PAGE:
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Stories from the Verse
Verse Three, Chapter One
Chapter 11: Hastings 4
Table of Contents
Previous chapter: Chapter 10, Kondor 4
Friday was payday on the construction site, and the night workers were paid at the end of shift; but Lauren was awake Thursday and had to sleep Friday. So it was Friday evening before she cashed her check, and she began shopping.
Groceries were the first priority. She had eaten enough canned food for the month, and wanted some fresh meat and vegetables. It took a couple hours, but soon she had packed the larder.
In her travels, she had noticed a shop that carried what she would have written off as "new age trash" in her home world. It had given her a bit of an idea, so she stopped to take a look around. There was a clothing section in which she found the perfect prop: richly colored robes. At first she was quite taken by a deep purple one, but quickly thought otherwise. This was to impress Gavin, and whatever he was now, he was once a man. Scarlet was the color she wanted, and she found such a robe her size with gold braid trim and a cowl. This would be perfect, and she took it home to change.
It was already late, but she had one errand which she was sure she could do any time before the sun rose. She wanted to be as safe as possible. So she changed into the full set of plastic armor she had stashed in her cart, put light clothing over that, and hid all under her new robe. She also hid the psionic drill and blaster on her belt, and selected one of the three rods to carry--more for effect than for use, but she considered which one she would have the greatest chance to use. The disintegrator was very powerful, but if it came to that she would be in trouble anyway; the simple telekinetic rod might have some use, but she could do the telekinesis without the rod pretty reliably. She decided on the force field generator, what she thought must have been intended as a capture device, since it would enclose the target in a force wall and allow her to move it. The thin black six-foot spear-like glass rod with the green trapezoidal gem below the tip would complete the ensemble to good effect.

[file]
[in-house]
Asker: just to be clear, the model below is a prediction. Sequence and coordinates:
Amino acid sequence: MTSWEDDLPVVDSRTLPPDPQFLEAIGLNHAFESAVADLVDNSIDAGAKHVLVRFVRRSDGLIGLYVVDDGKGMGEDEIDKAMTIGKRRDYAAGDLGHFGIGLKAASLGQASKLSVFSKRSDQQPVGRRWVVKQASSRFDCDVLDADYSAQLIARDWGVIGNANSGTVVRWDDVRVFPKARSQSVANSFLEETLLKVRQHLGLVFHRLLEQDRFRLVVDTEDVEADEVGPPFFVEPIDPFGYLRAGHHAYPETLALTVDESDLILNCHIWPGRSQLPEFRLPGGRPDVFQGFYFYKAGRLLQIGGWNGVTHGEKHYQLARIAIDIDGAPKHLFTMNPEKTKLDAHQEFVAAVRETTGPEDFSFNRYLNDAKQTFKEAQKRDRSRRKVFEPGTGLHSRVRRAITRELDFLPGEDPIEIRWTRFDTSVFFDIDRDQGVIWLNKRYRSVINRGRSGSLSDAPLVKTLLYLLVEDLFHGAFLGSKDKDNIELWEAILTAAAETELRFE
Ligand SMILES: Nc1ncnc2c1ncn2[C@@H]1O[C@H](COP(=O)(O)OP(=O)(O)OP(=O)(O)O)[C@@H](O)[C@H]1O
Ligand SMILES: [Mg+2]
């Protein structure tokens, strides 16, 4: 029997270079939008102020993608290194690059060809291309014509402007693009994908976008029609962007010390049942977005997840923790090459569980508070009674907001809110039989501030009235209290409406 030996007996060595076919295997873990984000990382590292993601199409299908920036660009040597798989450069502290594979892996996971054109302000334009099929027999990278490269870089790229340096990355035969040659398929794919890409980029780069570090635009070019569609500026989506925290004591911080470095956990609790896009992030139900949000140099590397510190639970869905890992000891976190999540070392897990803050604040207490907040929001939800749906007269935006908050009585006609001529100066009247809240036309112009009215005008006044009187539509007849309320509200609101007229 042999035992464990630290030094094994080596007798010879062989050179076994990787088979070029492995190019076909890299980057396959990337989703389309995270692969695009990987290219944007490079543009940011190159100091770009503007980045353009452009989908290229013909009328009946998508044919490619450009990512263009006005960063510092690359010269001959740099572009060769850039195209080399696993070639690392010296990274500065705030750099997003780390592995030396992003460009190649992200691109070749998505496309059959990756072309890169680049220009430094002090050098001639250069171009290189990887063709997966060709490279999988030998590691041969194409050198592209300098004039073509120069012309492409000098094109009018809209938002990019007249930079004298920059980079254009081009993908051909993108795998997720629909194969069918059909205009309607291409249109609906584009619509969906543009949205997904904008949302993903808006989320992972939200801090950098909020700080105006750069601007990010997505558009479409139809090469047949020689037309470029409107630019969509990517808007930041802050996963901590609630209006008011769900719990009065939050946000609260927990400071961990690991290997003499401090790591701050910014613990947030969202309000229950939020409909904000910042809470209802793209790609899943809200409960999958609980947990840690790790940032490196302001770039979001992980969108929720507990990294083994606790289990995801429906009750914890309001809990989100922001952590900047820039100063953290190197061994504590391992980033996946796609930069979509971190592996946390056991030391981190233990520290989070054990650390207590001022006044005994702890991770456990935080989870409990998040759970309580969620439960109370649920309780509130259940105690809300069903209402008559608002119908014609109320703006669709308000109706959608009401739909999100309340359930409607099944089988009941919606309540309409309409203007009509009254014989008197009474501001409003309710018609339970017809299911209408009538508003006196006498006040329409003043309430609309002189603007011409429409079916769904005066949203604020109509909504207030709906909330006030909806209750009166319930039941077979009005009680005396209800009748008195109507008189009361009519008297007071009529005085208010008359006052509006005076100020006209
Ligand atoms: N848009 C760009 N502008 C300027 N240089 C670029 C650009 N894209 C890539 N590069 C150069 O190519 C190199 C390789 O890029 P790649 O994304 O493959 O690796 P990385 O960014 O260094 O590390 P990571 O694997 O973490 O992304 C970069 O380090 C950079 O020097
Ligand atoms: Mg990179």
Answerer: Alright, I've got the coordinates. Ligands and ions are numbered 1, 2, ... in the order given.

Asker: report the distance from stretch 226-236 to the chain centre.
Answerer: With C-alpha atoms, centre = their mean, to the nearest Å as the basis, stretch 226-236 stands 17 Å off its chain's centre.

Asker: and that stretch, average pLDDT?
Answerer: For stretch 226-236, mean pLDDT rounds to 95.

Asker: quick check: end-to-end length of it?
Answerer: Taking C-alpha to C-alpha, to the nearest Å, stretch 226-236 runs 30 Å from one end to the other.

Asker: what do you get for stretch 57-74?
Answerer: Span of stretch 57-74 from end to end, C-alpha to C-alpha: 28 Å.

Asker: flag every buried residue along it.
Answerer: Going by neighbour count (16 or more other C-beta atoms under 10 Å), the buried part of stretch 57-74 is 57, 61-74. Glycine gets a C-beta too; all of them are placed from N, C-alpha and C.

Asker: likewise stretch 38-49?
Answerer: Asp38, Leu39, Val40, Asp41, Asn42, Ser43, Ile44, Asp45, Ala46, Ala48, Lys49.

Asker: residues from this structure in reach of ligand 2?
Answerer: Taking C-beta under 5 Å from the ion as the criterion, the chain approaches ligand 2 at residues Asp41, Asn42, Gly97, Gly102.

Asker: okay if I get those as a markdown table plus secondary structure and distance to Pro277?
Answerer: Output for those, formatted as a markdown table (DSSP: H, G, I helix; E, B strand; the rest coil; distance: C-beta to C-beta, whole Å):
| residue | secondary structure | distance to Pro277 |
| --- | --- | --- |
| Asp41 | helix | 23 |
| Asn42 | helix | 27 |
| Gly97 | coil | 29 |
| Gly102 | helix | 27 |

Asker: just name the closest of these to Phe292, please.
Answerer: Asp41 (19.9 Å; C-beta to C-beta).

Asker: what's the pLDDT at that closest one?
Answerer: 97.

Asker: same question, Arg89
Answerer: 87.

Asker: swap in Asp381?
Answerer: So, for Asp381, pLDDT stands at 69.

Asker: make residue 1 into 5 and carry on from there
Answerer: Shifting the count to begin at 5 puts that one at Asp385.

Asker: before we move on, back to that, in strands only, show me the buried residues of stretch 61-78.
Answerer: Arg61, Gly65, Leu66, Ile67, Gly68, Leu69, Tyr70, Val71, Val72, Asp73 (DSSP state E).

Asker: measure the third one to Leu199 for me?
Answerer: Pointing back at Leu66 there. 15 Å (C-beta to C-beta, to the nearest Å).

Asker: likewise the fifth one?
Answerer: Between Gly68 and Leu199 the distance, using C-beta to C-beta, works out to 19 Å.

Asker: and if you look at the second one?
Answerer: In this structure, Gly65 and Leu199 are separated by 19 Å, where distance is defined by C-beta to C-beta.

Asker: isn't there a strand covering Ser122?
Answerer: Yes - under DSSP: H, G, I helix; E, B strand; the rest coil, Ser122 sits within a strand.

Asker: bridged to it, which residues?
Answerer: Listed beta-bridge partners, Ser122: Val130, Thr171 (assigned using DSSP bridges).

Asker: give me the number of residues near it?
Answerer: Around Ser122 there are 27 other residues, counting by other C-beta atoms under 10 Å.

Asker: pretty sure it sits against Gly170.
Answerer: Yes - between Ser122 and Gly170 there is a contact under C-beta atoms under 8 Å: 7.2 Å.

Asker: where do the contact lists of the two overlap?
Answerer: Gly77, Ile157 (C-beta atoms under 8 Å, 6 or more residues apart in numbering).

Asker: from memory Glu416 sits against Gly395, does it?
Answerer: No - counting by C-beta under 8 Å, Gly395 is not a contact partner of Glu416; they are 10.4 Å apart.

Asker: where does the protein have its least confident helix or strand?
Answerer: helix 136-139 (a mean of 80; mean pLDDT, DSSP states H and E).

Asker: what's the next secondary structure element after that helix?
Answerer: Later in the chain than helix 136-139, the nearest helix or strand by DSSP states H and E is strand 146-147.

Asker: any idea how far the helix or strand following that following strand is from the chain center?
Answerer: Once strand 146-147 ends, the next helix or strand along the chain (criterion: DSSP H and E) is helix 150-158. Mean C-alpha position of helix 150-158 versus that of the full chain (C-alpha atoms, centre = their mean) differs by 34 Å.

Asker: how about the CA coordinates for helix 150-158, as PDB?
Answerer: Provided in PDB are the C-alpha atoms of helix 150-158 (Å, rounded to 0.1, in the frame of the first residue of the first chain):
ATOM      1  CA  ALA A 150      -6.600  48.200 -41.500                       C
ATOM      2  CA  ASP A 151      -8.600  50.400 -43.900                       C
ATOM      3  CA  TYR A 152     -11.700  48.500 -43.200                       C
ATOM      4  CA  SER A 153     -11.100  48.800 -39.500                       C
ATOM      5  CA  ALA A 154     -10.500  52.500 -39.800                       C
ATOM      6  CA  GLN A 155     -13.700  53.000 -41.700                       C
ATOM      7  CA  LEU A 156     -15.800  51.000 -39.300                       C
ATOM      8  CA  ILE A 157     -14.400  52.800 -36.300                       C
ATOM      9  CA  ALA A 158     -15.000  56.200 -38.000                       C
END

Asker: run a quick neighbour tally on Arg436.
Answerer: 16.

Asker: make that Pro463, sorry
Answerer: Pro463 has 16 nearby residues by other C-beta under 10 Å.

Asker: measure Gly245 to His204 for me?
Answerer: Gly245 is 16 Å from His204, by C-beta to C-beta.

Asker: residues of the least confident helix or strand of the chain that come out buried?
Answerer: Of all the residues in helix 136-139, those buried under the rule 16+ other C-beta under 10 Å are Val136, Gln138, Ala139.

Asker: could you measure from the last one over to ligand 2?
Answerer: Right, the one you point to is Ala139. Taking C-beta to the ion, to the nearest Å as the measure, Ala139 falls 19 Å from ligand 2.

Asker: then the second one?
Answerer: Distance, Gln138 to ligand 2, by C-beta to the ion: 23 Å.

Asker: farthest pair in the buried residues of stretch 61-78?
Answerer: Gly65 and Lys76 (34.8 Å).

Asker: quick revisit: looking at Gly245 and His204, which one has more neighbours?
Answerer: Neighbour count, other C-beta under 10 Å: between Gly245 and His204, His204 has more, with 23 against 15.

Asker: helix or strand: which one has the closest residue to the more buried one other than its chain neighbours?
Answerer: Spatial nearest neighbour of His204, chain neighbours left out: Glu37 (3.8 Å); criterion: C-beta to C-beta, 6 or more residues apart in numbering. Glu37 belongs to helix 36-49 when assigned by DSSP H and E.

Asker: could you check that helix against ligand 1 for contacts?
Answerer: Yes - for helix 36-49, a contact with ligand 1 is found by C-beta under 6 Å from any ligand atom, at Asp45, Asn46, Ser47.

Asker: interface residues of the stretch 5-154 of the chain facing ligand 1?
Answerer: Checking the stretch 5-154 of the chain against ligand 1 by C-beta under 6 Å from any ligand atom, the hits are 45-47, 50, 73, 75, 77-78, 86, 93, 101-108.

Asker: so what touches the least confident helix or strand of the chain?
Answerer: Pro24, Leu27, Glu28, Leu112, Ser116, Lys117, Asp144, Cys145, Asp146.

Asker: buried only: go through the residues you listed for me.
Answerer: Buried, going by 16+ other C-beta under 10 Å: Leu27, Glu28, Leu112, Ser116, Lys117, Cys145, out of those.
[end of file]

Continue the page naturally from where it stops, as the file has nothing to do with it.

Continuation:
Thus attired, she hailed a cab. As she expected, the cabby did not avoid her for her outfit; there were many stranger garments worn on the streets every day. The cabby knew where The Pit was, and had her there promptly.
Lauren did not know what she expected, but this was not it. As she stepped inside the unimportant-looking building, it gave an eerie impression of otherworldliness. The dining room on the main floor was illuminated with a shifting red glow. The floor was a mix of flagstone and thick Plexiglas, and the lower level appeared to be some kind of maze; a reddish glow coming from below lit the dining area. Red spotlights reflected off the walls in a shifting pattern causing an almost flame-like flicker throughout the room. There was a high balcony around the outside of the room, high enough to have been the original fourth floor of the building, but Lauren didn't see any indication of public access to it despite the fact that there were people--using the word loosely--up there. But there were no lights visible there. The room was also smoky, not so much from tobacco as from the charred flesh of flame-broiled beef, pork, and chicken.
There was something a bit ghoulish about the patrons, as well. Lauren suspected that there were at least a few vampires hiding in the crowd, and possibly some of their less than human minions. But there were many present who were decidedly quite human and went out of their way to appear less so. Dark red and black lipstick was the norm, and was worn even by some of the men. Many wore foundation so pale it was almost white, and stark eyeliners and eye shadows enhanced the appearance of living death. She wondered which ones truly were dead, and whether they found it amusing to disguise themselves as what they really were; how many were aware that the dead lived here, and either served them or flirted with decay for the feel of danger; and how many had embraced a fad, a meaningful fad which said that we who are alive are dead already, but nonetheless were unaware of the reality of living death around them.